Category Archives: Rio de Janeiro

A Material World


A few days before I arrived in Rio, Zoë Melo, who since we met in New York in 2009 became a good friend and one of my project’s “godmothers”, suggested I should meet the guys from Fibra Design Sustentável. I did, if only had a chance to talk with one of them, Bruno Temer. I immediately knew they were something else; we had lunch on one of the very last days of my 1-month research trip – by then I had met and interviewed a ton of people and was starting to get an idea of what I was interested in finding out more about Brazilian product and furniture design, but nothing prepared me for the frankness, fairness and ambition both Bruno and his other partners have shared with me over transatlantic email and skype conversations. Continue reading A Material World

A vote for South America’s design capital


I only saw the sun for three hours during the six days I spent in Rio de Janeiro last August. My one and only stroll down Copacabana beach took place under a rain storm, while three-meter waves pounded the shore. I was lucky to even get a view of the city (above) from the top of the Corcovado. The last week of my one-month research trip in Brazil may have been anything but sun-kissed, but I didn’t need to get a tan to think Rio de Janeiro is today in a great place to become South America’s main design destination. Continue reading A vote for South America’s design capital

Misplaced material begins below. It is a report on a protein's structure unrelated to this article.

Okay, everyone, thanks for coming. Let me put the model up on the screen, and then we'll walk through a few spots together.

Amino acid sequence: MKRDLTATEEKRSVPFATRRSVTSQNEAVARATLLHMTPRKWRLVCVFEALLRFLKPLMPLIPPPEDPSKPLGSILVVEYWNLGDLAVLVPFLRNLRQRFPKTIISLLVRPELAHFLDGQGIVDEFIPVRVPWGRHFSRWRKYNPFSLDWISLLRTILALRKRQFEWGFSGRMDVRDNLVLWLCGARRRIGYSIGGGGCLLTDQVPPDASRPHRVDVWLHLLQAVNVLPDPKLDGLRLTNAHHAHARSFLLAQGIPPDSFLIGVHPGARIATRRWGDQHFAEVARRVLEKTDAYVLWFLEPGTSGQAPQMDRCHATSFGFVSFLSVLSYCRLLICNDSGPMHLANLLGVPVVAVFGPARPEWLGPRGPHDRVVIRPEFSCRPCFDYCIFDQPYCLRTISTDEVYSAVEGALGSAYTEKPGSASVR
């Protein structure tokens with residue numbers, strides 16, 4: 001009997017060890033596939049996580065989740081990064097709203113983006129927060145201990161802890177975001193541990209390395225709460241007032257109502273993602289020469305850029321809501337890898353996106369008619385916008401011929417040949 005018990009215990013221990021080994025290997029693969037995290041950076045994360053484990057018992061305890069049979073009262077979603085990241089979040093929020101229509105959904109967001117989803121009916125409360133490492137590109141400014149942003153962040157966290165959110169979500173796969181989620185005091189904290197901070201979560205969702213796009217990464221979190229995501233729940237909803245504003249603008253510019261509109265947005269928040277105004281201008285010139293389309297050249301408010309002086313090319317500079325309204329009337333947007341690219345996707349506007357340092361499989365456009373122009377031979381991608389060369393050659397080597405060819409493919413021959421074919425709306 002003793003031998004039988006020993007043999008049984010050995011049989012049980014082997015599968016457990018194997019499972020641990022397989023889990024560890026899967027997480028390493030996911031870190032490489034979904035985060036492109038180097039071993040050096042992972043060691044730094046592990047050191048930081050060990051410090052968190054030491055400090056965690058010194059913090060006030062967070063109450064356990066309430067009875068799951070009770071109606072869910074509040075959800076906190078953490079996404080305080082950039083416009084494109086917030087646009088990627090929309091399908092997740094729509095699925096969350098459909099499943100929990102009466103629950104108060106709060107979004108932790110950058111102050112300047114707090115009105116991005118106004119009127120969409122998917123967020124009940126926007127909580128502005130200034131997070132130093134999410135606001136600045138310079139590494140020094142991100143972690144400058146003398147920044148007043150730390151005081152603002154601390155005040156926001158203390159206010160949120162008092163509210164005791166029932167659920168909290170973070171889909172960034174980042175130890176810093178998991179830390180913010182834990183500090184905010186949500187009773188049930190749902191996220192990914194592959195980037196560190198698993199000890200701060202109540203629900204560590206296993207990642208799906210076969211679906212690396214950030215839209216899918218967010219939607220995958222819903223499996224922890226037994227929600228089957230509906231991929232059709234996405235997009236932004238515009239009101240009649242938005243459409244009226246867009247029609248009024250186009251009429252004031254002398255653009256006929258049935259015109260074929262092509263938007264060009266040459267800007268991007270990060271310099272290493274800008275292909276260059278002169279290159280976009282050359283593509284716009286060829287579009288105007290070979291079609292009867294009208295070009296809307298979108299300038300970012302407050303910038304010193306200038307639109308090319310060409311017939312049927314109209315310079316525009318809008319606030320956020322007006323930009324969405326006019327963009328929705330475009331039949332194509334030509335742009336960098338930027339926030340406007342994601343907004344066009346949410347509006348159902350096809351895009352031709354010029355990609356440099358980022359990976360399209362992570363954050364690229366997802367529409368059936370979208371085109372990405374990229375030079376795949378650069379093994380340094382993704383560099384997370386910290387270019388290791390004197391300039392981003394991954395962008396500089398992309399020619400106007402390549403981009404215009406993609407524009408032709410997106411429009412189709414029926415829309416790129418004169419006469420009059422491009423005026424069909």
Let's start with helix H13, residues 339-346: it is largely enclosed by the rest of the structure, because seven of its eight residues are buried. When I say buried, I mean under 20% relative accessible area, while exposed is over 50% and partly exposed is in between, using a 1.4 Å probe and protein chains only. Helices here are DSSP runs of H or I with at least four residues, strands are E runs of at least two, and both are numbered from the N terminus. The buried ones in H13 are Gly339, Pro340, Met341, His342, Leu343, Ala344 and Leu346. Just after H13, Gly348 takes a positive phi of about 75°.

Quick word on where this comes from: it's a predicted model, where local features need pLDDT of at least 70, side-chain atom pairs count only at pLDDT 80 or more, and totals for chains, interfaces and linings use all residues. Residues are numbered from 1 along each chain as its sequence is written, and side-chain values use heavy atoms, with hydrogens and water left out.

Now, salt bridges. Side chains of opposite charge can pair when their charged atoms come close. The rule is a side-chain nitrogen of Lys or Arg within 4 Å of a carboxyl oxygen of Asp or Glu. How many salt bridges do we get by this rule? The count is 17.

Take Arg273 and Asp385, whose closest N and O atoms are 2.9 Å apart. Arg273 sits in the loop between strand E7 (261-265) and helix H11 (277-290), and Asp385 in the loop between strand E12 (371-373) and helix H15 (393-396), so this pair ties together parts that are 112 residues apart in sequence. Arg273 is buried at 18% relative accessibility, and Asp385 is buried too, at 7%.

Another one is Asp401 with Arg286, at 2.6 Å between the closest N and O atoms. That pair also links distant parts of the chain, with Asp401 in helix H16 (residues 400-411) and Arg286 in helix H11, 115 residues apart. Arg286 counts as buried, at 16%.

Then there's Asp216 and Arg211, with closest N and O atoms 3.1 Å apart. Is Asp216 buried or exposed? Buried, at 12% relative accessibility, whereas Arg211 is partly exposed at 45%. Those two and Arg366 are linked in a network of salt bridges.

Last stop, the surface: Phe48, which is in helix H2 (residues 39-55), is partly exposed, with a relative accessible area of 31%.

Alvorada leaves the country


After 31 days, seven cities and over 25 interviews and many, many hours of observations, conversations and reflections on Brazilian design, I left Rio at dusk on August 26th.

I will keep updating from Lisbon and – as of September 14th – from New York, with more mini-profiles, stories and other findings.

I intend on returning to São Paulo for a week (October 19th to 25th) for some more interviews – if I can work out the necessary funding.


The Apple Tree


When asked about why he writes, Portuguese writer Antonio Lobo Antunes once answered: “Ask an apple tree why it bears apples”. During our conversation at his studio/showroom in Humaitá, Sérgio Rodrigues used this very quote to describe his own work, an analogy he uses to answer the people who question him about “not following trends” or designing today things that seem to have been designed 40 years ago. Continue reading The Apple Tree